Tuatha Dé Dannan, the Enchanting Predecessors of Irish Fairies and Elves
Most people do not believe in elves. The little people, along with fairies, banshees, and werewolves, are often thrown into the category of ‘fantasy’ and left to molder unless some video game or children’s book decides to make use of them for commercial purposes. Whatever you believe to be true, stories of fantastic creatures are present in most ancient cultures, particularly in European regions such as Germany, Scandinavia, and Ireland. Widespread disbelief and discrediting of the mystical folk have rendered serious research into the origins of elves almost nonexistent. However, recent scientific and historical analyses of the folklore of Ireland reveal that elves are not wholly fictional, but actually based on real life beings.
The Etymology of ‘Elf’
First, for clarity, it should be noted that the word ‘elf’ is not indigenous to Ireland. This word derives from a term used in Common Germanic, the ancestor language of modern German, English, and several Scandinavian languages. ‘Elf’ became a label for the Irish fairies when the English began to write about and record Irish folklore.
Originally, ‘elf’ was used to describe all fairies. Over time, the term came to stand for a specific subset of fairies: those that are small and possess supernatural powers. Other common characteristics of elves are the ability to shapeshift or the possession of great wealth. The old Germanic roots of the word made distinctions between male and female elves, as well as good and evil elves. This specificity has been lost and the English term ‘elf’ can apply to any of the above.
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‘Meadow Elves’ (1850) by Nils Blommér. ( Public Domain )
Mixing Myth and Fact: The Old ‘Elvish’ Masters of Ireland
According to legend, there were six waves of ‘masters of Ireland’ and each has some connection to the Biblical story of Noah and the Flood (today, it is unclear how much of this is fact and how much fabricated by Medieval Irish monks in order to make the Irish history equally as important as Israel’s). In each of the waves, women play a prominent role, reflecting the unique equality present on the island before its incorporation with the rest of Europe. Scholars today know the most about the final wave of conquerors, the Milesians (sons of Mil, a descendant of Noah), who reached Ireland from Spain in the 4th century BC. These were the Celts. They displaced inhabitants known as the Tuatha Dé Dannan, the progenitors of the Irish fairies.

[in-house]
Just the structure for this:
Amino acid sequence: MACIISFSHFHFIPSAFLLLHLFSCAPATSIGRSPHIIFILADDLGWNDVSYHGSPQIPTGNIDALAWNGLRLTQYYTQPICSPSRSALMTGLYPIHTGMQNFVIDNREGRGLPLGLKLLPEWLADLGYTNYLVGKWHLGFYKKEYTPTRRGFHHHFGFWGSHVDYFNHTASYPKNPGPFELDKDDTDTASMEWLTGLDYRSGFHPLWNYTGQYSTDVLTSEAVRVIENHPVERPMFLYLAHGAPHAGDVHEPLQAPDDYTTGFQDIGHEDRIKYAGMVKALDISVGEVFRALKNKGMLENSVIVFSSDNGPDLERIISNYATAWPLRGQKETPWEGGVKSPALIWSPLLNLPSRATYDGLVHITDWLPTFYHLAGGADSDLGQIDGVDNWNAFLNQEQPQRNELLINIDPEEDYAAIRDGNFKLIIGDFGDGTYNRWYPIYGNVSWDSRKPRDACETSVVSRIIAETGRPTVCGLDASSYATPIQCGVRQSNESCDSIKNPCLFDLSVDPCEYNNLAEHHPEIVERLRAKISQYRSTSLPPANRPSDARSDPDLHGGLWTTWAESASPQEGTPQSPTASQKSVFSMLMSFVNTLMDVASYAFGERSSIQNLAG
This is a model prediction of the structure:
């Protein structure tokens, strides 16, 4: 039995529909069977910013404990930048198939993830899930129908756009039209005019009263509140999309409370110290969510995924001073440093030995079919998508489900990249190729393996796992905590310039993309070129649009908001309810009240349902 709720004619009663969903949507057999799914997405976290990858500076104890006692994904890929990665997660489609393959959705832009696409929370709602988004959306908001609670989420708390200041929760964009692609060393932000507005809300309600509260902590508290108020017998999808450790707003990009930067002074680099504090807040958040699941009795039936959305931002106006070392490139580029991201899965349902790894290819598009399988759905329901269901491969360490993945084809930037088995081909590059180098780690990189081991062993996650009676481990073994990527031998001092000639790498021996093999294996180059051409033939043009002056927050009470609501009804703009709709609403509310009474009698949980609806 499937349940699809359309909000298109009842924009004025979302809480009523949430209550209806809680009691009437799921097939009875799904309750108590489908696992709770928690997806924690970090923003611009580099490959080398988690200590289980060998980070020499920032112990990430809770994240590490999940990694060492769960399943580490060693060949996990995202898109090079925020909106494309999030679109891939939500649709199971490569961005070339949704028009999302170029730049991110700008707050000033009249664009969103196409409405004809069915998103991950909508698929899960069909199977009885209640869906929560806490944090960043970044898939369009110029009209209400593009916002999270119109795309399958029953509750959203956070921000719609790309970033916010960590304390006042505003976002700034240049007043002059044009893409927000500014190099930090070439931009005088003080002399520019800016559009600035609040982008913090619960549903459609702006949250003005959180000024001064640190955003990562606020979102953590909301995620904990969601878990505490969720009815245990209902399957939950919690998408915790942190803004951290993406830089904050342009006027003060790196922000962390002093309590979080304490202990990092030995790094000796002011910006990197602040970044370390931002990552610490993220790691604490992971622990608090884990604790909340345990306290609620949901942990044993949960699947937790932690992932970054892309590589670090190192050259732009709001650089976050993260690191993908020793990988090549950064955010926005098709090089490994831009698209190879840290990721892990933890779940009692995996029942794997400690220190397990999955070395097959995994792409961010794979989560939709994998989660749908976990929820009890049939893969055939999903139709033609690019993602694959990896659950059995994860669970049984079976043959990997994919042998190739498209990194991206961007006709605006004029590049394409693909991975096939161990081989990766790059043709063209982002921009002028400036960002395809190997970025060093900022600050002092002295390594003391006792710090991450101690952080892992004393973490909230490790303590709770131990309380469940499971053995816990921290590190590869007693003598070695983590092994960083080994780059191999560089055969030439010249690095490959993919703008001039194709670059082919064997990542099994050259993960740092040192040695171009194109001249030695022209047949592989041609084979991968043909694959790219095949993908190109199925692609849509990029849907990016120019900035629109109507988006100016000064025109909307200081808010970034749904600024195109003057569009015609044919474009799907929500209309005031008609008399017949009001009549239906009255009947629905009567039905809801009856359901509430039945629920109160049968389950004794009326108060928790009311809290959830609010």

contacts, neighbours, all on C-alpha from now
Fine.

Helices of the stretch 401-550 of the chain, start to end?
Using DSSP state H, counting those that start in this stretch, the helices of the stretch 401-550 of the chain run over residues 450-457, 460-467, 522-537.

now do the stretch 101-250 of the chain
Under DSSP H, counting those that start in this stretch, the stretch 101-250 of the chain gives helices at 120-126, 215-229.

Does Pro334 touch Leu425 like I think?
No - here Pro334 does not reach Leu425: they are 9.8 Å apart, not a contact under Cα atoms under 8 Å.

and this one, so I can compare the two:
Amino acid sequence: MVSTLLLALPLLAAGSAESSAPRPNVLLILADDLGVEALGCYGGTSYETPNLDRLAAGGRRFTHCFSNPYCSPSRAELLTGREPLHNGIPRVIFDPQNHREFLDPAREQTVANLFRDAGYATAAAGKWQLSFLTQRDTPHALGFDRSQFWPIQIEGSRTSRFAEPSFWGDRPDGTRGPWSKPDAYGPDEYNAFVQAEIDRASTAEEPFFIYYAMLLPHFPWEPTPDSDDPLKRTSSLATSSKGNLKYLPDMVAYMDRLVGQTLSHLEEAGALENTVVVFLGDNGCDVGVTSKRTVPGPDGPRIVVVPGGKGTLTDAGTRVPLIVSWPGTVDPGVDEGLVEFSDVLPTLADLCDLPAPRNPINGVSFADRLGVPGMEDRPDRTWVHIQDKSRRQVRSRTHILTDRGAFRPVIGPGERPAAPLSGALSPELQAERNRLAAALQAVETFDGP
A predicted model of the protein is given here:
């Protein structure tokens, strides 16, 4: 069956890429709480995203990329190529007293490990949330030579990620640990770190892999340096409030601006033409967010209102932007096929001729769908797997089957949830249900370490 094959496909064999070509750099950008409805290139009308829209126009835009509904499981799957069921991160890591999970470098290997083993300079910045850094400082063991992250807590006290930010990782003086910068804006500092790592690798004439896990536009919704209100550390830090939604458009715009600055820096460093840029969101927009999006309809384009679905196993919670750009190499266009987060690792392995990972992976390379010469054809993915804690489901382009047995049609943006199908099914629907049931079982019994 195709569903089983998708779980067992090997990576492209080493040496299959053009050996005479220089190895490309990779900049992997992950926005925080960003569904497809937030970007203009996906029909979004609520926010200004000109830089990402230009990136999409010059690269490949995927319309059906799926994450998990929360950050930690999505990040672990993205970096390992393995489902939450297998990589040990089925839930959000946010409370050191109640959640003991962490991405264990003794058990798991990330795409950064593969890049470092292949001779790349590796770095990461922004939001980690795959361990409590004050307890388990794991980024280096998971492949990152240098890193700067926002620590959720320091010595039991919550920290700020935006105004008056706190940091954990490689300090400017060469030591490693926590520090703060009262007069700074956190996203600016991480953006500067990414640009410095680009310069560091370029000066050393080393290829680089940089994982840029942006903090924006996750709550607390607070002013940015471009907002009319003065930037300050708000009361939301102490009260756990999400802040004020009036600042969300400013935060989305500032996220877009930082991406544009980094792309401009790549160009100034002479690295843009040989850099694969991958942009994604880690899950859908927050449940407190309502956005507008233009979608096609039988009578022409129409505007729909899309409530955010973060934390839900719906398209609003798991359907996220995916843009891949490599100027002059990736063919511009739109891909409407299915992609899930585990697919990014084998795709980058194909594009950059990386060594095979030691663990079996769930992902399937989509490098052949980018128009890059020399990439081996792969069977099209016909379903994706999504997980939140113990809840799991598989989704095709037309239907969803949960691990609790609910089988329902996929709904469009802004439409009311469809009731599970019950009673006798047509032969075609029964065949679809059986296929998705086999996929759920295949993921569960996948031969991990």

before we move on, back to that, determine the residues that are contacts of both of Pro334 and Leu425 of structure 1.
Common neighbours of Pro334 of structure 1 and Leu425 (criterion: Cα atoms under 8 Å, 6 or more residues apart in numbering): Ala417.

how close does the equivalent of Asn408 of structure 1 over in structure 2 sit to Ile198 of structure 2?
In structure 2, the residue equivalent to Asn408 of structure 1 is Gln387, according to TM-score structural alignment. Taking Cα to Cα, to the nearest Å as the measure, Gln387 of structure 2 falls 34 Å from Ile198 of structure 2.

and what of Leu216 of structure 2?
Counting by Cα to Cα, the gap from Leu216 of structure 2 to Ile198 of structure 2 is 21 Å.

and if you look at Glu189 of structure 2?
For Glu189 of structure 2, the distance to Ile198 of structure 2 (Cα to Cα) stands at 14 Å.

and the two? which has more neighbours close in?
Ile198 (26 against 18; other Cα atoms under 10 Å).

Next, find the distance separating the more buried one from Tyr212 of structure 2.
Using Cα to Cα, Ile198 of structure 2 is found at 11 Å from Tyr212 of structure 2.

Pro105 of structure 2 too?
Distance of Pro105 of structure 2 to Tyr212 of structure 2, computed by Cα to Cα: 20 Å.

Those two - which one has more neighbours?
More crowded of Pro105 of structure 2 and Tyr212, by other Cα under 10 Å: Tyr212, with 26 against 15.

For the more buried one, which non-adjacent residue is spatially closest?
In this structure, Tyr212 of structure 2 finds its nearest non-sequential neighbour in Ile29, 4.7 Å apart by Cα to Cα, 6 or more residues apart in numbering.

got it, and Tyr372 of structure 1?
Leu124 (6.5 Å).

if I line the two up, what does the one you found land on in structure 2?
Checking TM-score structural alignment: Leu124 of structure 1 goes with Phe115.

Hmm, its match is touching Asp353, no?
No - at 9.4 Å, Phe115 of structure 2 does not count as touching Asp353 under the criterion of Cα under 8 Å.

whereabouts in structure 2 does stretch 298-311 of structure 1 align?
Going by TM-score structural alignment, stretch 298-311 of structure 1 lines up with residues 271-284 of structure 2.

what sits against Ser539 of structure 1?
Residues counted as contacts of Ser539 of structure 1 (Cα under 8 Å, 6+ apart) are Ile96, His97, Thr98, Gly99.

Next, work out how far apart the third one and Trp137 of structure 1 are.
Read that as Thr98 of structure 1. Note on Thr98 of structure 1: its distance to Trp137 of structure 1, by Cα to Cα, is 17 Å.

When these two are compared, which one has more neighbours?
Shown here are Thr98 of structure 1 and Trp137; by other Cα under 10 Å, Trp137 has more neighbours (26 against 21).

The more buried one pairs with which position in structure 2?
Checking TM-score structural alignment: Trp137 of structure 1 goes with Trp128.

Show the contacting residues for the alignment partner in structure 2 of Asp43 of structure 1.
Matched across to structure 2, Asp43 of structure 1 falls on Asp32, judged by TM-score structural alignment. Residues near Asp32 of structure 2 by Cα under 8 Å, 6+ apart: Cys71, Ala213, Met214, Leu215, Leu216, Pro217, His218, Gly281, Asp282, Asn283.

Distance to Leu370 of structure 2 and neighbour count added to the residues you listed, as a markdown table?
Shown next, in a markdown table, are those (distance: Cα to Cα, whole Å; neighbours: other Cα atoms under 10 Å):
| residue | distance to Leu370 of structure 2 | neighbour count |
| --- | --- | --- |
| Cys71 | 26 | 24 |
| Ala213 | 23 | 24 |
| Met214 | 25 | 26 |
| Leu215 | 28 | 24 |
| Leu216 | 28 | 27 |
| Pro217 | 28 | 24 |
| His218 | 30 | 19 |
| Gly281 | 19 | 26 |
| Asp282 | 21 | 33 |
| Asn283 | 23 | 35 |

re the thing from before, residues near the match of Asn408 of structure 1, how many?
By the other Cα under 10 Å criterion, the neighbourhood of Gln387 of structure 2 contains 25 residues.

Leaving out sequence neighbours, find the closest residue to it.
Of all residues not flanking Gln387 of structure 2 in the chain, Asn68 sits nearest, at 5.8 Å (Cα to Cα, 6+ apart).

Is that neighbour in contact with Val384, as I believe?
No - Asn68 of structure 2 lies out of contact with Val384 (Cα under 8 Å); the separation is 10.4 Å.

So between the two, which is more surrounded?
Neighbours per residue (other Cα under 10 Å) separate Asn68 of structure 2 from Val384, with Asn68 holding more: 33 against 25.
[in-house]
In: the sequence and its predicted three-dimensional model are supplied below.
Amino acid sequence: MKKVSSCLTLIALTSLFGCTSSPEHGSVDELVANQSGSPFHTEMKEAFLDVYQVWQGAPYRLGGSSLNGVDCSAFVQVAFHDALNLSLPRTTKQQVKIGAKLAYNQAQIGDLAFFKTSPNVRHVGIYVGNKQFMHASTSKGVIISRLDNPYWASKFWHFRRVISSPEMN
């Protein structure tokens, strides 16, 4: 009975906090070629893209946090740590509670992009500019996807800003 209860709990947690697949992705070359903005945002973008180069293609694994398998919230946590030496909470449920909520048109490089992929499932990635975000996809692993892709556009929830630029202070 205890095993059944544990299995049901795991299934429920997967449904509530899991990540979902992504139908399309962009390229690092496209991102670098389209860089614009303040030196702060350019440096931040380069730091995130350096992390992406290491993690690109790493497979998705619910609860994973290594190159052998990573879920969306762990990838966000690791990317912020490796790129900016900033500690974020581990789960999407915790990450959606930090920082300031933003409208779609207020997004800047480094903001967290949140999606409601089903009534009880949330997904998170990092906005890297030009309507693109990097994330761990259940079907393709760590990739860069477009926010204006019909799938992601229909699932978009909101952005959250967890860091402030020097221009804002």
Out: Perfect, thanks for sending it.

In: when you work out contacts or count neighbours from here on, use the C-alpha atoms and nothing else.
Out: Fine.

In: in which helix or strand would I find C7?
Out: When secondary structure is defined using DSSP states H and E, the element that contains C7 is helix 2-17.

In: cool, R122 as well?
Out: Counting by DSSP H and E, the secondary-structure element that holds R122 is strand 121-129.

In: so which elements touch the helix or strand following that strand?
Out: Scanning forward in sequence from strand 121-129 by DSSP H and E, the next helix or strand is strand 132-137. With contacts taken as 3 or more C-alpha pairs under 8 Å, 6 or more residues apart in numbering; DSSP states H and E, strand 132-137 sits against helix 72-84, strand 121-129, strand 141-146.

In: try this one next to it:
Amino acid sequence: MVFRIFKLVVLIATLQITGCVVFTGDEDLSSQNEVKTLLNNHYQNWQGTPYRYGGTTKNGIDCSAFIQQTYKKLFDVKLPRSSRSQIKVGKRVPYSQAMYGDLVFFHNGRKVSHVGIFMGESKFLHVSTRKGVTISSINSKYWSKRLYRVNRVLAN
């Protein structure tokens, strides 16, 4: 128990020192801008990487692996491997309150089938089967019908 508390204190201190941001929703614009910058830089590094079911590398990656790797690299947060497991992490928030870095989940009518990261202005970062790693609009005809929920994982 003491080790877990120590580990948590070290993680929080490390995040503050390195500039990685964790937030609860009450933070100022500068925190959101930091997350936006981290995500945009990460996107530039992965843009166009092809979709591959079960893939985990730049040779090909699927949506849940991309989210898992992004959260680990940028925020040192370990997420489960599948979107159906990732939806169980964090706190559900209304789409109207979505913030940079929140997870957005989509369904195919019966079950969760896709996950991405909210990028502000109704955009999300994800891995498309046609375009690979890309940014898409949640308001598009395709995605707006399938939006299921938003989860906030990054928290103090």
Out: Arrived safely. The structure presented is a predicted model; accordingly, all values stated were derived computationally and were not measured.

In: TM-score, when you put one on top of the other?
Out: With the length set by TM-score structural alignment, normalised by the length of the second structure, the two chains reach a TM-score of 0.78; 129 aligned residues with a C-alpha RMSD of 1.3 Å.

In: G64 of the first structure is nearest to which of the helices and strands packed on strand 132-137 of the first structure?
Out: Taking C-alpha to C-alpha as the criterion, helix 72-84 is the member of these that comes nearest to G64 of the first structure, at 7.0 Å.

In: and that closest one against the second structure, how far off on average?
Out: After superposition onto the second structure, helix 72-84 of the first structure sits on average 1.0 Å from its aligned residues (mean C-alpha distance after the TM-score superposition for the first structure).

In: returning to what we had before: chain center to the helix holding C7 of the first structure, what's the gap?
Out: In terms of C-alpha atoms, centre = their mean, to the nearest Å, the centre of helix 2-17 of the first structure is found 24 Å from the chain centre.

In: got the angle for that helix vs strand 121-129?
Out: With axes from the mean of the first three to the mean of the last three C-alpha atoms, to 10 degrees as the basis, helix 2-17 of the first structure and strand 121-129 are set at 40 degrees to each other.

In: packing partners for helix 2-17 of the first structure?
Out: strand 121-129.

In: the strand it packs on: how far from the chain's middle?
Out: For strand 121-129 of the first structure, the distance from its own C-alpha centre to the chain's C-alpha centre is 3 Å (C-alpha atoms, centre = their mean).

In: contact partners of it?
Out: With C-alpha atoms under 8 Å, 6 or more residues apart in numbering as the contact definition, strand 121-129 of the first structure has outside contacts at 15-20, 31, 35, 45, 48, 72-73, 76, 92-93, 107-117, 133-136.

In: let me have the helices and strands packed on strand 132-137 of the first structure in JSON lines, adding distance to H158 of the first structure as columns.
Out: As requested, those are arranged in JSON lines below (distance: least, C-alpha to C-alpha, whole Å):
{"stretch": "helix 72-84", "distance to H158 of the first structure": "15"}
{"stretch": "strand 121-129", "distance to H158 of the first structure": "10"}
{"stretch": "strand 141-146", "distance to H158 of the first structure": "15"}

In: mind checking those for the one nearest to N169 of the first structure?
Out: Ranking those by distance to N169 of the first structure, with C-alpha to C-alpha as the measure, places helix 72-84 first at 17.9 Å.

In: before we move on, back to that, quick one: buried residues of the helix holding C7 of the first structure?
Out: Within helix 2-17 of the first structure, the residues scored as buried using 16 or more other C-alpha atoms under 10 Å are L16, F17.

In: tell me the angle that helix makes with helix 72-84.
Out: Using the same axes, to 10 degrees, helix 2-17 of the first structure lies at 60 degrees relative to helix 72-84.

"The Coming of the Sons of Miled", illustration by J. C. Leyendecker in T. W. Rolleston's Myths & Legends of the Celtic Race, 1911. ( The Commons ) The Danann (pre-Celtic “fairy” people) were overthrown by the invading Milesians.
Originally, the fifth wave of conquerors were known simply as Tuatha Dé (‘People of God’) but this posed a problem for the Irish monks recounting their history because the Israelites were the People of God. So, the early inhabitants of Ireland became the Tuatha Dé Dannan (‘People of the goddess Danu’) after their primary deity.
Another group of settlers was the Fomorians, who will feature in the legends of the Tuatha Dé Dannan and in Celtic myths as giants and sea raiders. Some believe that they were the remnants of a forgotten trading outpost of the African empire of Carthage. The survivors of each successive wave of settlers were enslaved by the Fomorians. This solidified the characterization that the Fomorians were representatives of all that is evil in the world – the bad elves. In recounting the struggles between the Tuatha Dé Dannan (thus, the good elves) and the Fomorians, the former takes on an aspect of semi-divine and the latter an aspect of semi-demonic.
The Fomorians, John Duncan's interpretation of the sea gods - ‘the bad elves’ of Irish mythology. (Public Domain)
It is possible to trace how the actions of each group developed mythic dimensions over time. For instance, when the Tuatha Dé Dannan came to Ireland from the Northern Isles, they burned their ships so that there could be no thought of retreat. This sent up a great cloud of dark smoke. By the time the Lebor Gabála Érenn (The Book of the Taking of Ireland ) was compiled in the 11th century, their arrival had been recast as:
They landed with horror, with lofty deed,
in their cloud of mighty combat of spectres,
upon a mountain of Conmaicne of Connacht.